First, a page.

Why comment spam still exists - and why I'll stay 'dofollow'

Martin Belam by Martin Belam, 19 January 2011

If you've been running a blog for any length of time, you'll be sure to have come across the phenomena of comment spam. People pimping sex products and pr0n are easy to spot, but there is a whole breed of spammer out there who are rather more subtle. They particularly target blogs which allow them to post links which aren't marked as 'nofollow', making them valuable in the eyes of search engines.

Why does comment spam still exist?

Well, if you can get a link to your site from a blog with a lot of traffic, there is a chance some of that traffic will click the link and visit you. Link building is also an important search engine optimisation technique. The number of links that point at a site, or indeed an individual page on a site, is one of the factors that search engines use to determine how important a page is, and therefore how highly to rank it.

Won't spam filters catch everything for me?

Ask yourself 'Do spam filters catch everything in your email inbox?' and you'll know the answer. Most blogging platforms come with some form of defence against comment spam, and some systems, like Akismet, work collaboratively across swathes of blogs, but some comment spam is bound to escape the filtering.

Why do some blogs attract more comment spam than others?

Comment spam comes in two main forms - automated spam and hand-crafted spam. The former adopts a scatter-gun approach, attacking the most common blogging platforms, using computers to perform the task. Whether it is one server or a 'bot army' of slave machines, even a very low rate of success is worthwhile given the low effort involved once the spambot is started up.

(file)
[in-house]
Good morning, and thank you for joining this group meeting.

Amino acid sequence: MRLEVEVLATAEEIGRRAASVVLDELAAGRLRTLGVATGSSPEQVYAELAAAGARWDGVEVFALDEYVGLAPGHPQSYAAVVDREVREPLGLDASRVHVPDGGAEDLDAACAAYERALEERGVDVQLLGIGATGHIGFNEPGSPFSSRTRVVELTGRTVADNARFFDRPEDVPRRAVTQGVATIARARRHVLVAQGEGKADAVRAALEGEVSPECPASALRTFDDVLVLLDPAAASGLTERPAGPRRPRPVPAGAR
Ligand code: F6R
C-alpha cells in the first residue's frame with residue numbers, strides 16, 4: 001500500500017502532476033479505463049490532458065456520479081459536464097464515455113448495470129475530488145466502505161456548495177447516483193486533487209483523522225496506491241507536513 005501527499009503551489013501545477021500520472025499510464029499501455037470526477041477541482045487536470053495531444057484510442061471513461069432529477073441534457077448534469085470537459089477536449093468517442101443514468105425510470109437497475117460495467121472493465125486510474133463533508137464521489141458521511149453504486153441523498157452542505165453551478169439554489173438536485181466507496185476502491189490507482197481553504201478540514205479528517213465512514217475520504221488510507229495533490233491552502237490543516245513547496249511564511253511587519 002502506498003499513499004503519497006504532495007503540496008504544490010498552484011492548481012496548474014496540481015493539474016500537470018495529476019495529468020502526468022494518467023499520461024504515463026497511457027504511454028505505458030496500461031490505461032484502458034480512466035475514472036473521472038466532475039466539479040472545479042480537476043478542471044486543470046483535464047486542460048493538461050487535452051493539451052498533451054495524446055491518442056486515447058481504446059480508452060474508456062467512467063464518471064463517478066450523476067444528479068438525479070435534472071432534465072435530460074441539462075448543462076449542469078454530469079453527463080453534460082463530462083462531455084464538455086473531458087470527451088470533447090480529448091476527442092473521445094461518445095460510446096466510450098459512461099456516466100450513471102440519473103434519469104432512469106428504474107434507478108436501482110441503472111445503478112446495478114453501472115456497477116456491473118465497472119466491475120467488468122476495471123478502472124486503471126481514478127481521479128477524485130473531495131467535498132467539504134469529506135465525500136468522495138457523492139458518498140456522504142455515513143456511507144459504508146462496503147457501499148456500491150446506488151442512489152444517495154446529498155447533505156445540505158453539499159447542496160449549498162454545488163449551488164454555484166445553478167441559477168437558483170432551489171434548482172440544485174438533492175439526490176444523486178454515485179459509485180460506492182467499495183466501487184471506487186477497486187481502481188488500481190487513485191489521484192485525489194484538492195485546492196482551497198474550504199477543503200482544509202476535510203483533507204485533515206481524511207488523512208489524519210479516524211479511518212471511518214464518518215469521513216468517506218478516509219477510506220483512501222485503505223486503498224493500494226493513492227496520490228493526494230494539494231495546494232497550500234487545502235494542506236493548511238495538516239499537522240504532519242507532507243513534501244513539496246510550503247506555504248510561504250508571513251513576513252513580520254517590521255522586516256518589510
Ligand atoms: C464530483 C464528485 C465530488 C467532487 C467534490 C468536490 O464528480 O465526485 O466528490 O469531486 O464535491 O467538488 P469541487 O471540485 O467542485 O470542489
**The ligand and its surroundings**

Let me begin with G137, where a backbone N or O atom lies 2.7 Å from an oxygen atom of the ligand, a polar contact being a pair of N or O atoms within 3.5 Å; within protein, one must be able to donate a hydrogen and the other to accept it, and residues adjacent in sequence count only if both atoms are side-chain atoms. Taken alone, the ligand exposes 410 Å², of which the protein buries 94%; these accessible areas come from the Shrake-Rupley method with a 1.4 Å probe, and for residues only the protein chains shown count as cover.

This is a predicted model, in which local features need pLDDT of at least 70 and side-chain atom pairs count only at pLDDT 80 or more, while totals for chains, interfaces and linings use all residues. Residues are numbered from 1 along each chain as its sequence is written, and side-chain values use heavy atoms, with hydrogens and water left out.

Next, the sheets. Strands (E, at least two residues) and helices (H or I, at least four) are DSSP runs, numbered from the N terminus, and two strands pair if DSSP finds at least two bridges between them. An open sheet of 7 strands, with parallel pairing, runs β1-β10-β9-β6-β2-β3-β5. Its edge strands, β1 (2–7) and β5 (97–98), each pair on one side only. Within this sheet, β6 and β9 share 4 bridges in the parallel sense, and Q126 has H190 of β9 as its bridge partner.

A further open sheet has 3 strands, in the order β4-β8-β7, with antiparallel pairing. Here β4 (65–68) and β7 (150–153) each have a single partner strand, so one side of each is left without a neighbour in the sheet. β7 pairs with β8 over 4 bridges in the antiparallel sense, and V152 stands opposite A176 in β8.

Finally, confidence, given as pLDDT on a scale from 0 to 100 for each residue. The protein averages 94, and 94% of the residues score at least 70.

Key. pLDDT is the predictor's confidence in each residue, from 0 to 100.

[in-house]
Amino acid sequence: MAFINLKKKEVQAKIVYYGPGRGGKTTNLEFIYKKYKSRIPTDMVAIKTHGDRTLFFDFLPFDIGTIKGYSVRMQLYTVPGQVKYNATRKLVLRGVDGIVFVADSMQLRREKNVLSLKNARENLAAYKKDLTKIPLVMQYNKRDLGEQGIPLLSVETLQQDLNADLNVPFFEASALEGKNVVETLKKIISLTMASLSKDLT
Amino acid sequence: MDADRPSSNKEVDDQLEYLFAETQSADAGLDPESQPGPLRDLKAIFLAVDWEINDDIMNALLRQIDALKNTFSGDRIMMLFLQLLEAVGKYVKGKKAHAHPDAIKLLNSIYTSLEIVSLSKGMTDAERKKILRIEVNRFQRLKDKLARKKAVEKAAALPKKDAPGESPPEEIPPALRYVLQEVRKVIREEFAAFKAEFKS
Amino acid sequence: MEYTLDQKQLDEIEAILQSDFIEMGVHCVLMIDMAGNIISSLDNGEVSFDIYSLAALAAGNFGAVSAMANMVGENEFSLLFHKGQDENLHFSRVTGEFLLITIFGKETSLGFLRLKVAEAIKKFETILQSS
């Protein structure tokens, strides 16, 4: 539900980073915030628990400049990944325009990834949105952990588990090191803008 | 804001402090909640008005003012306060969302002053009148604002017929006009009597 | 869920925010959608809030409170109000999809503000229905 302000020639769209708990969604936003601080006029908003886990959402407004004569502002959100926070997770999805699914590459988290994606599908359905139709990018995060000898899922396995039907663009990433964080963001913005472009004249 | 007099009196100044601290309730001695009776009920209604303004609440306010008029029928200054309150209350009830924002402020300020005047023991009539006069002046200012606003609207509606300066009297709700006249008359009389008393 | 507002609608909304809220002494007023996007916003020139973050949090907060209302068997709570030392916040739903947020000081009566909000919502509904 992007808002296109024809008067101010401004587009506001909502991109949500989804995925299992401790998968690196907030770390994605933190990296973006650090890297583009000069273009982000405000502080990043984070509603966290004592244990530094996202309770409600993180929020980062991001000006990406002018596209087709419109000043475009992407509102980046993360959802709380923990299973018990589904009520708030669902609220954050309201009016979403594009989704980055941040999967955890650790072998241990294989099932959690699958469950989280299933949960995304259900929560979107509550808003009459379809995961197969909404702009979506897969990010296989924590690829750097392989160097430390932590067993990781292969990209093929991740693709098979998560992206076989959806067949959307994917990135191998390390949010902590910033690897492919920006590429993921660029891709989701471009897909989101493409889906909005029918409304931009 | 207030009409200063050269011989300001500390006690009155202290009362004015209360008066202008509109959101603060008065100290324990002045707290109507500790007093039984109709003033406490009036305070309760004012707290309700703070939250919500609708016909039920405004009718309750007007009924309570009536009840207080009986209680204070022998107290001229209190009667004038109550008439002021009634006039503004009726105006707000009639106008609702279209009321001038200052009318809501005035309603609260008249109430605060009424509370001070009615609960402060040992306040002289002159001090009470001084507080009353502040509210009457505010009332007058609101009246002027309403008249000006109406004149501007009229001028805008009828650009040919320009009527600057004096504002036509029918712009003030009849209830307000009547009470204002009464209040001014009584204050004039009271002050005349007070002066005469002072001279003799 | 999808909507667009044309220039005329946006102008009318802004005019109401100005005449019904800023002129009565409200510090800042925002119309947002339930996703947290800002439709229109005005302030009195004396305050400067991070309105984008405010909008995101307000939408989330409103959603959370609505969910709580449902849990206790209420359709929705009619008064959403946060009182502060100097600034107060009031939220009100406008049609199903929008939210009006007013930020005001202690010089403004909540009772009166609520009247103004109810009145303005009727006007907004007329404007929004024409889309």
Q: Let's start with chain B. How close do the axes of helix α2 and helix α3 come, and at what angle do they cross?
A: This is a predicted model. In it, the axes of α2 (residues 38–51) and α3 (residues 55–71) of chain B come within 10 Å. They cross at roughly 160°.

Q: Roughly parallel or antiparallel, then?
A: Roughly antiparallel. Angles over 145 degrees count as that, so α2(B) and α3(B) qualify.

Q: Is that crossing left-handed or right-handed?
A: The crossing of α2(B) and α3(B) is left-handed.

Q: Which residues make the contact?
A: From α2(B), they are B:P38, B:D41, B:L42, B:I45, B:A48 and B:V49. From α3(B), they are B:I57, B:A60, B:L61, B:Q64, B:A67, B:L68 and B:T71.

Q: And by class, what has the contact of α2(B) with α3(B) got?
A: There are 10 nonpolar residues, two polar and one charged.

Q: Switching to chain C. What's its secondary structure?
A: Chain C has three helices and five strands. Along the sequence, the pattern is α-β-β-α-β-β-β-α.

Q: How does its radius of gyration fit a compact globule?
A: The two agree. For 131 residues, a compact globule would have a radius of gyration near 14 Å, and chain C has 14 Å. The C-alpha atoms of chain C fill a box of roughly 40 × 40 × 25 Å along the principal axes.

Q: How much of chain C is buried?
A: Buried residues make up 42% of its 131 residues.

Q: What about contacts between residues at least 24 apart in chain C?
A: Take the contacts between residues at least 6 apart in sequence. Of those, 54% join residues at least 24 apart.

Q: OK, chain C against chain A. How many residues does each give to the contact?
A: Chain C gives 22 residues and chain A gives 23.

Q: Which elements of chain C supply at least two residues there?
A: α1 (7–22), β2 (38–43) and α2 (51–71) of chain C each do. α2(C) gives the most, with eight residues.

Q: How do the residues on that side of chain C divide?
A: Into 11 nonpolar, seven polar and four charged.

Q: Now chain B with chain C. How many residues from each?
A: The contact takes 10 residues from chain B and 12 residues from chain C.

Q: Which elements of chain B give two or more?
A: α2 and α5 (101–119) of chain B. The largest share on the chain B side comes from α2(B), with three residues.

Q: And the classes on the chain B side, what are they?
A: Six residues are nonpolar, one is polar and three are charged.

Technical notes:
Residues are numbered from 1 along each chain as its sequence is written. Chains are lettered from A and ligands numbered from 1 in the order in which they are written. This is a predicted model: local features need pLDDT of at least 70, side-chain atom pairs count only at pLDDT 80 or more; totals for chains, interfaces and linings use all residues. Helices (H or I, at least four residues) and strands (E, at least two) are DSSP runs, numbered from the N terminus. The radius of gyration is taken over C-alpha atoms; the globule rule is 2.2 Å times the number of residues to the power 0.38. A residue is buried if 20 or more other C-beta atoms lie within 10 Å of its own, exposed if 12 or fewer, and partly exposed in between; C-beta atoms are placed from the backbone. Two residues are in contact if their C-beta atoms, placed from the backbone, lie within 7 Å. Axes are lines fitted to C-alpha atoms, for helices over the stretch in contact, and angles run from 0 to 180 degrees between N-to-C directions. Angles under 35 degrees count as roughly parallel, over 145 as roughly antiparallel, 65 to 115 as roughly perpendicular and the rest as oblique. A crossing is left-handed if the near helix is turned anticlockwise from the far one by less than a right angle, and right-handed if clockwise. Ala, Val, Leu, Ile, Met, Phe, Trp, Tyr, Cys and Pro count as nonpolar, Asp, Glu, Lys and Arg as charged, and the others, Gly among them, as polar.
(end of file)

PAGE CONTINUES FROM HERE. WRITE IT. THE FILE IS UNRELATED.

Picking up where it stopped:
The hand-crafted spam is harder to deal with. SEO and link-builders trade the addresses of 'dofollow' blogs, where gaining a backlink will aid search engine rankings. You can find hundreds of lists of them with a simple Google search

Rather like the harvesting of virtual gold in World of Warcraft, people are paid a pittance to leave comments on blogs that might add to a site's Google Juice.

Some of the more obvious signs of hand-crafted comment spam are:

  • Including a list of URLs in the comment which are unrelated to your blog's topic
  • A single unrelated URL left dangling at the end of a comment
  • Leaving the full name of a business instead of a real name or nickname, e.g "Hector's Lousiana Realtor"

Some more subtle tell-tale signs:

  • The email address given is a different name to the one left as the commenters name
  • A very short comment including the phrases "nice post", "great post", "great share" or "I subscribed to your blog"
  • Mangled spelling and/or grammar - a symptom of hammering out as many comments as quickly as possible in a foreign tongue.
  • Foreign looking names that are actually keywords. You can use Google Translate or Babelfish to establish whether 'Posaune kaufen' is a name, or the German for 'buy trombone'.

And even harder to spot:

Crafty posts that aim to put related keywords near to their link. For example 'I owe you a debt of gratitude for posting. It has really helped me consolidate my thoughts on the issue' from someone trying to place a link to a debt consolidation agency. Or signing a blog comment 'Alistair conditioning'.

How should you deal with it?

Delete. Delete. Delete. Although sometimes if the comment is actually good, but the link is a bit spammy or NSFW (i.e. a loan shark or dodgy videos) I'll publish the comment but take the link out, and re-label it 'Anonymous'.

So why persist with 'dofollow'?

Inept 'dofollow' comment spam sucks the fun out of blogging, so why do I persist in having 'dofollow' links on my comments? Well, I've been blogging for 8 years now, and still remember that leaving comments on blogs that I admired was a great way of drawing attention to currybetdotnet's early days.

I might be old fashioned, but I fundamentally still believe that 'nofollow' breaks the hyperlink principles of the web, and that people who take the time to contribute a well reasoned comment to my website deserve a link back to their own blog or personal website that 'counts'.

More information and other resources

If you are interested in finding out more, these links may be useful:

11 Comments

One thing that puzzles me about a lot of comment spam is that on the one hand lots of effort goes into pumping out large volumes of spam and quite a lot of thought into sneaky ways to try to make it slip past spam filters and the human eye (as you mention).